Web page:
Almost twenty years after “Star Trek” was cancelled, it returned to television screens in “Star Trek: The Next Generation.” This series was set many decades after the original, on a brand-new starship.
And while the first two seasons are fairly awful (peppered with some brilliant jewels), “Star Trek: The Next Generation” eventually came into its own, weaving together interstellar political strife with some very entertaining stories. Indeed, it boldly went where science fiction had not gone for quite some time, creating epic conflicts that were easily combined with the smaller-scale problems-of-the-episode, and distinguishing itself from the original “Star Trek” without losing its sense of wonder.
The year is 2364, and the Enterprise-D is being launched under the command of Captain Jean-Luc Picard (Patrick Stewart). But as the ship proceeds towards Farpoint Station to pick up the rest of their crew, they are waylaid by a seemingly-omnipotent alien creature who calls himself Q (John DeLancie). Q decides to put the human race on trial for past savagery, so the crew of the Enterprise must solve the rather obvious mystery of Farpoint Station to prove themselves.
Over the seven years that follow, the Enterprise-D crew has a wide array of strange and mind-blowing adventures, including time-travel to the 1800s, the discovery of a humanoid android like Commander Data (Brent Spiner), assorted murder mysteries, a hologram that conquers the ship, a witchhunt for spies, a probe that beams ancient memories into Picard’s head, ancient traps left behind by dead worlds, and strange life-forms that look like grains of sand, giant snowflakes, nanites, space jellyfish, imaginary friends and other such creatures.
Furthermore, they become deeply enmeshed in the politics of alien races. Lieutenant Worf (Michael Dorn) becomes the central point of a conspiracy that might spark off a civil war in the Klingon Empire, and the tenuous relationship between the Federation and the Romulan Empire threatens to start ANOTHER war, especially when there is talk of reunification of the Vulcans and Romulans. And thanks to Q, the Enterprise-D encounters a terrifying enemy in a far-off corner of the galaxy — the biomechanical Borg, who sweep through and assimilate every civilization they encounter.
“Star Trek: The Next Generation” is one of those rare spinoffs that managed to create an identity of its own, and to distinguish itself from the original series without being drastically different. Much of this comes from the arcs that are lightly woven through the seasons, which often finds the Enterprise-D crew finding themselves trying to maintain a delicate balance of peace and morality, often with outcomes that don’t feel right, but are necessary to avoid devastating warfare. Yes, the Cold War ended during this show’s run. Why do you ask?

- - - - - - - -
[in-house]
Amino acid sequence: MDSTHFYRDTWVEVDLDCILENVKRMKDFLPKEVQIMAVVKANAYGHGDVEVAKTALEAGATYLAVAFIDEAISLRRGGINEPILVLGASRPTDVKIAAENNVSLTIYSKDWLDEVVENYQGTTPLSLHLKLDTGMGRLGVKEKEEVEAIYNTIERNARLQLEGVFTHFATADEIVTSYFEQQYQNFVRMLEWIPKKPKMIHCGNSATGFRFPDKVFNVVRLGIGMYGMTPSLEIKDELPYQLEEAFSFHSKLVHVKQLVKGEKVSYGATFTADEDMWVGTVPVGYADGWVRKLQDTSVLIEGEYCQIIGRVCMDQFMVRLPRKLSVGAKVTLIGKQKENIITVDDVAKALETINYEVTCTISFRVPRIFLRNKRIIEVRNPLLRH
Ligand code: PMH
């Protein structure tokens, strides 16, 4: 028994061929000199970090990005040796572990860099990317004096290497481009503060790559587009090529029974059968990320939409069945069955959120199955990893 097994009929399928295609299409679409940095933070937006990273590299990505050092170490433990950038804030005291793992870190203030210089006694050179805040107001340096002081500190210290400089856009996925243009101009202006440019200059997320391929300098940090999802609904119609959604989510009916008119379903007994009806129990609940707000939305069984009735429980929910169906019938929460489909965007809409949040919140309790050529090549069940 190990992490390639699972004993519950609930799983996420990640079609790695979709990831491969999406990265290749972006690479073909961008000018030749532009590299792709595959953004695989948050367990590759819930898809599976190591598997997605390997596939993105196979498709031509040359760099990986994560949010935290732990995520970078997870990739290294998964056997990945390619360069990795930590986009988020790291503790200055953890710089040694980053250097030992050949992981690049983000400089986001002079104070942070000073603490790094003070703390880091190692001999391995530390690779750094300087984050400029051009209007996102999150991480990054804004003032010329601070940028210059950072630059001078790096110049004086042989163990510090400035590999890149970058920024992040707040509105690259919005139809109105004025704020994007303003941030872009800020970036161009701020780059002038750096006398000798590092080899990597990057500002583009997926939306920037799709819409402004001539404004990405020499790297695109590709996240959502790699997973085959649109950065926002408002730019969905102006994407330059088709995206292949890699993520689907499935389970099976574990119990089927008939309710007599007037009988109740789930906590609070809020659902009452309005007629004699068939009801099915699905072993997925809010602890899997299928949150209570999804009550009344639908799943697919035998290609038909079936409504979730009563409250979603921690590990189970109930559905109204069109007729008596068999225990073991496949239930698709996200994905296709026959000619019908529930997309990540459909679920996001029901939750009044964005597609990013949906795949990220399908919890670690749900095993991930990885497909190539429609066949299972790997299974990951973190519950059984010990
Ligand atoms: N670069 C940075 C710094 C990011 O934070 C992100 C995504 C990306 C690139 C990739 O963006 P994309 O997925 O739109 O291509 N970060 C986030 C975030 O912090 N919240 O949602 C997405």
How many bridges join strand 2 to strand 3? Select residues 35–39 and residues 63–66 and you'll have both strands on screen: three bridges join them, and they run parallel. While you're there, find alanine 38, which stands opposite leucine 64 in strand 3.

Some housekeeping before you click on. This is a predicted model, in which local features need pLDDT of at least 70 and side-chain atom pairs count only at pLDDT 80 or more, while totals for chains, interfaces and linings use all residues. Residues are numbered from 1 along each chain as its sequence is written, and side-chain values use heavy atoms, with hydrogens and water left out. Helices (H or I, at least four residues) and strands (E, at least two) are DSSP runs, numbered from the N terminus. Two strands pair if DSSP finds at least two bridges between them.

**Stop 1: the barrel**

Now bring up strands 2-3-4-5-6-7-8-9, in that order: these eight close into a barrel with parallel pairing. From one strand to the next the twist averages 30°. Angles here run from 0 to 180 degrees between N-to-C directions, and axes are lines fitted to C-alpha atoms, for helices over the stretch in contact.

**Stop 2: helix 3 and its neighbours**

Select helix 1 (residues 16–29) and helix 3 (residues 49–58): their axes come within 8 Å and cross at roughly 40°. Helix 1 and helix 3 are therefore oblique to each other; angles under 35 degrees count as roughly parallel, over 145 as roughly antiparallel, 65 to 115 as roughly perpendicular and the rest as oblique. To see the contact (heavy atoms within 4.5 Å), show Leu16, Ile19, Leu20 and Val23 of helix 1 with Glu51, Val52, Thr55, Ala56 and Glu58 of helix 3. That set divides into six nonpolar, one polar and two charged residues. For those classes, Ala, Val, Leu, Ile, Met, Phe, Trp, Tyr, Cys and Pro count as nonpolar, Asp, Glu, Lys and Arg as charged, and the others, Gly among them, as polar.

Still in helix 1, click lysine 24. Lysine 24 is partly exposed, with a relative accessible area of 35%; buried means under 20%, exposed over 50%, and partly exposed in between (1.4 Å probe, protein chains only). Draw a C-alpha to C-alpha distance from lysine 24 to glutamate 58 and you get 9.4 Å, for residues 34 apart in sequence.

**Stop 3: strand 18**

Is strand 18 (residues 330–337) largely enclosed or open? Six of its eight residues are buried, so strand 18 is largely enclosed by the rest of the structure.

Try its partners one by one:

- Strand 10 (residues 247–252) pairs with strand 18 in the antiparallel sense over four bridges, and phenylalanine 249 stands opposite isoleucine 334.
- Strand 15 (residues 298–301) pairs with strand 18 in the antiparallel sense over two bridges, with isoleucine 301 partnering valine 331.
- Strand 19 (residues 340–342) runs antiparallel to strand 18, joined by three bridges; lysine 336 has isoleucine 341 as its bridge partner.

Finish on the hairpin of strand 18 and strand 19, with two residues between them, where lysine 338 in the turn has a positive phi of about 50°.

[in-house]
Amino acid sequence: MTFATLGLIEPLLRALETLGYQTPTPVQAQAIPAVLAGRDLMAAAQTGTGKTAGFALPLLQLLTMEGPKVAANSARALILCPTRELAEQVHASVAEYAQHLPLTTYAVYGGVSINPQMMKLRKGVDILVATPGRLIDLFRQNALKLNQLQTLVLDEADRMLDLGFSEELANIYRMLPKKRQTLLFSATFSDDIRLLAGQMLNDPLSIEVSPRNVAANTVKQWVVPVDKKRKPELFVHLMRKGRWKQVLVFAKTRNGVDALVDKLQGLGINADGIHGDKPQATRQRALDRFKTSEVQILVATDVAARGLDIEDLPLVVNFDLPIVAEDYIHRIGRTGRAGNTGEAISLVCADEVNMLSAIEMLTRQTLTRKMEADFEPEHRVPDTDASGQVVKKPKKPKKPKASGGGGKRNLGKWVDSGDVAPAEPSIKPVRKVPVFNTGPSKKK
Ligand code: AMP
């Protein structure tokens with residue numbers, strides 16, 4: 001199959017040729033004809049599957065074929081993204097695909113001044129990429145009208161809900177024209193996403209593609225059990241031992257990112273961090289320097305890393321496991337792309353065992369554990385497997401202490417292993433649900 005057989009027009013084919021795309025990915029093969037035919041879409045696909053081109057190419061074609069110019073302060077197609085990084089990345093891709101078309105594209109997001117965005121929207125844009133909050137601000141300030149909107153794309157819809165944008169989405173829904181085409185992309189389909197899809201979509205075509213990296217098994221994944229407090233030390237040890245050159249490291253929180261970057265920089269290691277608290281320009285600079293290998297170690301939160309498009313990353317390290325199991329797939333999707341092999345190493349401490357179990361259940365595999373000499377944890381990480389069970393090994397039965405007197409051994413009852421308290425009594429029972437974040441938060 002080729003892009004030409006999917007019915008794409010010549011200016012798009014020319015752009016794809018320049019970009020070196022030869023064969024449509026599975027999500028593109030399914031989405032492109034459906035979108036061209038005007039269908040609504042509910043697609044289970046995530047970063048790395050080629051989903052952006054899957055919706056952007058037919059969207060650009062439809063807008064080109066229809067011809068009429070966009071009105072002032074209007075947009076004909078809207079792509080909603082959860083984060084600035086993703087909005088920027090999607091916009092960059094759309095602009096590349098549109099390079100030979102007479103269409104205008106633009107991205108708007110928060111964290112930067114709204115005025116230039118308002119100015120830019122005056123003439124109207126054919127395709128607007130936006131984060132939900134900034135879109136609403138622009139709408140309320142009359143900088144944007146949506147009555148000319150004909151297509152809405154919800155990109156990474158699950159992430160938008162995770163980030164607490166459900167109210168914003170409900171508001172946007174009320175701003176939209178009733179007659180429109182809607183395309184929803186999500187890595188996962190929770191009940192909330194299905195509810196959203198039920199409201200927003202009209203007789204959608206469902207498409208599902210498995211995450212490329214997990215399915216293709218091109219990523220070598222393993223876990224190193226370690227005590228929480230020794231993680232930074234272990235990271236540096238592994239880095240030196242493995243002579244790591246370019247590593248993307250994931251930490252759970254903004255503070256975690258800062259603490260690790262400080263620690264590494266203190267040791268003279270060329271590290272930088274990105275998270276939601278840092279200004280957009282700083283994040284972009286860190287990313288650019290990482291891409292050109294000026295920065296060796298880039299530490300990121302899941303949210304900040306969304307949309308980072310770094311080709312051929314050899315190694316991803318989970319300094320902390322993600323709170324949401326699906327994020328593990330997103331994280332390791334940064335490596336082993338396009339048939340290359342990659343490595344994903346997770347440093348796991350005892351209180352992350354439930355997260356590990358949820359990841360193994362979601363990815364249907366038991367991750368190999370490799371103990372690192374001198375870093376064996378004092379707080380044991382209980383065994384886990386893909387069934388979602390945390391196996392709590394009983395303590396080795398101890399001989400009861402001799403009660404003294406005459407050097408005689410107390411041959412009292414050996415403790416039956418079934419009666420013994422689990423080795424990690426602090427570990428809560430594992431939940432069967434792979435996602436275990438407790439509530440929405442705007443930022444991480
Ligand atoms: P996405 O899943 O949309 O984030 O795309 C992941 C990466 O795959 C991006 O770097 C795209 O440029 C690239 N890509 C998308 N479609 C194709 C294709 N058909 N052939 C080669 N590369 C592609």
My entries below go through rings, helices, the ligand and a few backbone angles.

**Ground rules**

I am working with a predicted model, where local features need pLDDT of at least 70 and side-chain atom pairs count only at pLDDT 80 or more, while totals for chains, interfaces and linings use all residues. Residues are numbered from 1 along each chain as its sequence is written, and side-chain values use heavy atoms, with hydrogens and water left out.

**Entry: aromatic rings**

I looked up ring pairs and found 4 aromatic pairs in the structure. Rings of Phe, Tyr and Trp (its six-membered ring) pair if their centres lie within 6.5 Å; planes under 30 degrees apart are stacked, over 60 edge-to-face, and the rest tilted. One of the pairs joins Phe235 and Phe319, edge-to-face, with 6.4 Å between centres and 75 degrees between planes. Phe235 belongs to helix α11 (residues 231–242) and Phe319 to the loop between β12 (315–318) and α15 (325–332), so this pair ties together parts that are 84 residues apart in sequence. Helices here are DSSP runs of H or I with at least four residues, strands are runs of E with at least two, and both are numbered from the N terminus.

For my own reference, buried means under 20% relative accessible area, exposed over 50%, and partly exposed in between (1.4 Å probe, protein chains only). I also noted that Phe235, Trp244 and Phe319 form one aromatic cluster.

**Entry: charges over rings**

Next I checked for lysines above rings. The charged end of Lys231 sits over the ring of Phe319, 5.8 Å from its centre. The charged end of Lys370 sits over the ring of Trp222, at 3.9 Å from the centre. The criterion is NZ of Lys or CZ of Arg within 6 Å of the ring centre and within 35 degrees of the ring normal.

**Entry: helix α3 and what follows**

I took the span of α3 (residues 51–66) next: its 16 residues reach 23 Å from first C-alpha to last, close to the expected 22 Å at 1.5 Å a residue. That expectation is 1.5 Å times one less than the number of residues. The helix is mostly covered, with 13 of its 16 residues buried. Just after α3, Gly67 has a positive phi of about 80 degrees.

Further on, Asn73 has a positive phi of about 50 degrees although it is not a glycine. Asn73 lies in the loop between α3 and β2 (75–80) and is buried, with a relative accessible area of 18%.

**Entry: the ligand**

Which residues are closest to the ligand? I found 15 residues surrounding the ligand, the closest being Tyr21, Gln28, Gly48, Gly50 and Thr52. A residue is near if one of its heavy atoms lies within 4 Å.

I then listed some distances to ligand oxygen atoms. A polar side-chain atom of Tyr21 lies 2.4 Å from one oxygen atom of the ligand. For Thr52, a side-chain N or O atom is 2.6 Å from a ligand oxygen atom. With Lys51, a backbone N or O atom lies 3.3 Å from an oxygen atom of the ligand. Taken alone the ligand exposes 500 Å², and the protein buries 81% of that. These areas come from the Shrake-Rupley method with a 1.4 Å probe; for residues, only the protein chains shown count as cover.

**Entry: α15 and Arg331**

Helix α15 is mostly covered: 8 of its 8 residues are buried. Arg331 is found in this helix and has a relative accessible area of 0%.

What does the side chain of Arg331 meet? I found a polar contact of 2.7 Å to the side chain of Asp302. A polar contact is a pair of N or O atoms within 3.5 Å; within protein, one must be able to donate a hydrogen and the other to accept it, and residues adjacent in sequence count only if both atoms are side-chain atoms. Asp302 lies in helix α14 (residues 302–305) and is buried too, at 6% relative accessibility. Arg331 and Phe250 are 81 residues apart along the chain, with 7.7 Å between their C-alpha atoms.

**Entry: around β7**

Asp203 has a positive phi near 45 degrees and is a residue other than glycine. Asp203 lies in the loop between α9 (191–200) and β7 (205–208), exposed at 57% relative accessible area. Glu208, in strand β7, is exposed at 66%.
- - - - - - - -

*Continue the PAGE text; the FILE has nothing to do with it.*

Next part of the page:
What are its flaws? The first season… well, to be frank, it sucked. It was smug, obnoxious, hypocritical, uncreative and poorly-written. The second season sucked somewhat less, but it was still badly flawed. And though all the seasons that followed ranged from very good to brilliant, they had a few clunkers in there as well (“Genesis,” “Rascals,” “Sub Rosa,” etc), including most episodes with the Ferengi.
But after those first two seasons, the complexity and depth of the writing bloomed along with the plotting. The stories often dealt with some serious ethical issues (euthanasia, drug addiction, terrorism versus freedom fighting, loyalty to an old commander, McCarthyesque witch-hunts), and had some very clever stories that could be wrenching and thought-provoking, such as the brilliant “The Inner Light” (where Picard experiences a whole lifetime on an alien world) or the action-packed, harrowing “Best of Both Worlds” two-parter, in which the Borg are poised to destroy the Federation.
Despite a rough start, Patrick Stewart’s Picard becomes a warmly endearing character over the course of the series — he’s a reserved, intellectual man who is also kind of an introvert, but also a brilliant orator, a compassionate man, and one who commands respect whenever he speaks. He also was backed by some truly excellent supporting characters — Jonathan Frakes does quite well as the first officer, even though Riker is kind of controlling and slutty; Gates McFadden is the endearingly passionate Doctor Crusher; and LeVar Burton as the endearingly earnest, awkward engineer Geordi LaForge. Just ignore Wesley Crusher.
But probably the two breakout characters were Data and Wolf, played respectively by Brent Spiner and Michael Dorn. Every Star Trek series needs its oddball, and these two shared the duty — Data is a childlike, literal-minded android whose encyclopedic knowledge doesn’t give him understanding of human emotions or actions, while Worf is a warrior alien raised among humans, not fully belonging among his own kind or among his adopted people.
“Star Trek: The Next Generation” had a bumpy start, but gradually blossomed with the introduction of the Borg and the exploration of truly creative, unique science-fiction stories. These are the voyages of the starship Enterprise, and they are (mostly) astonishing.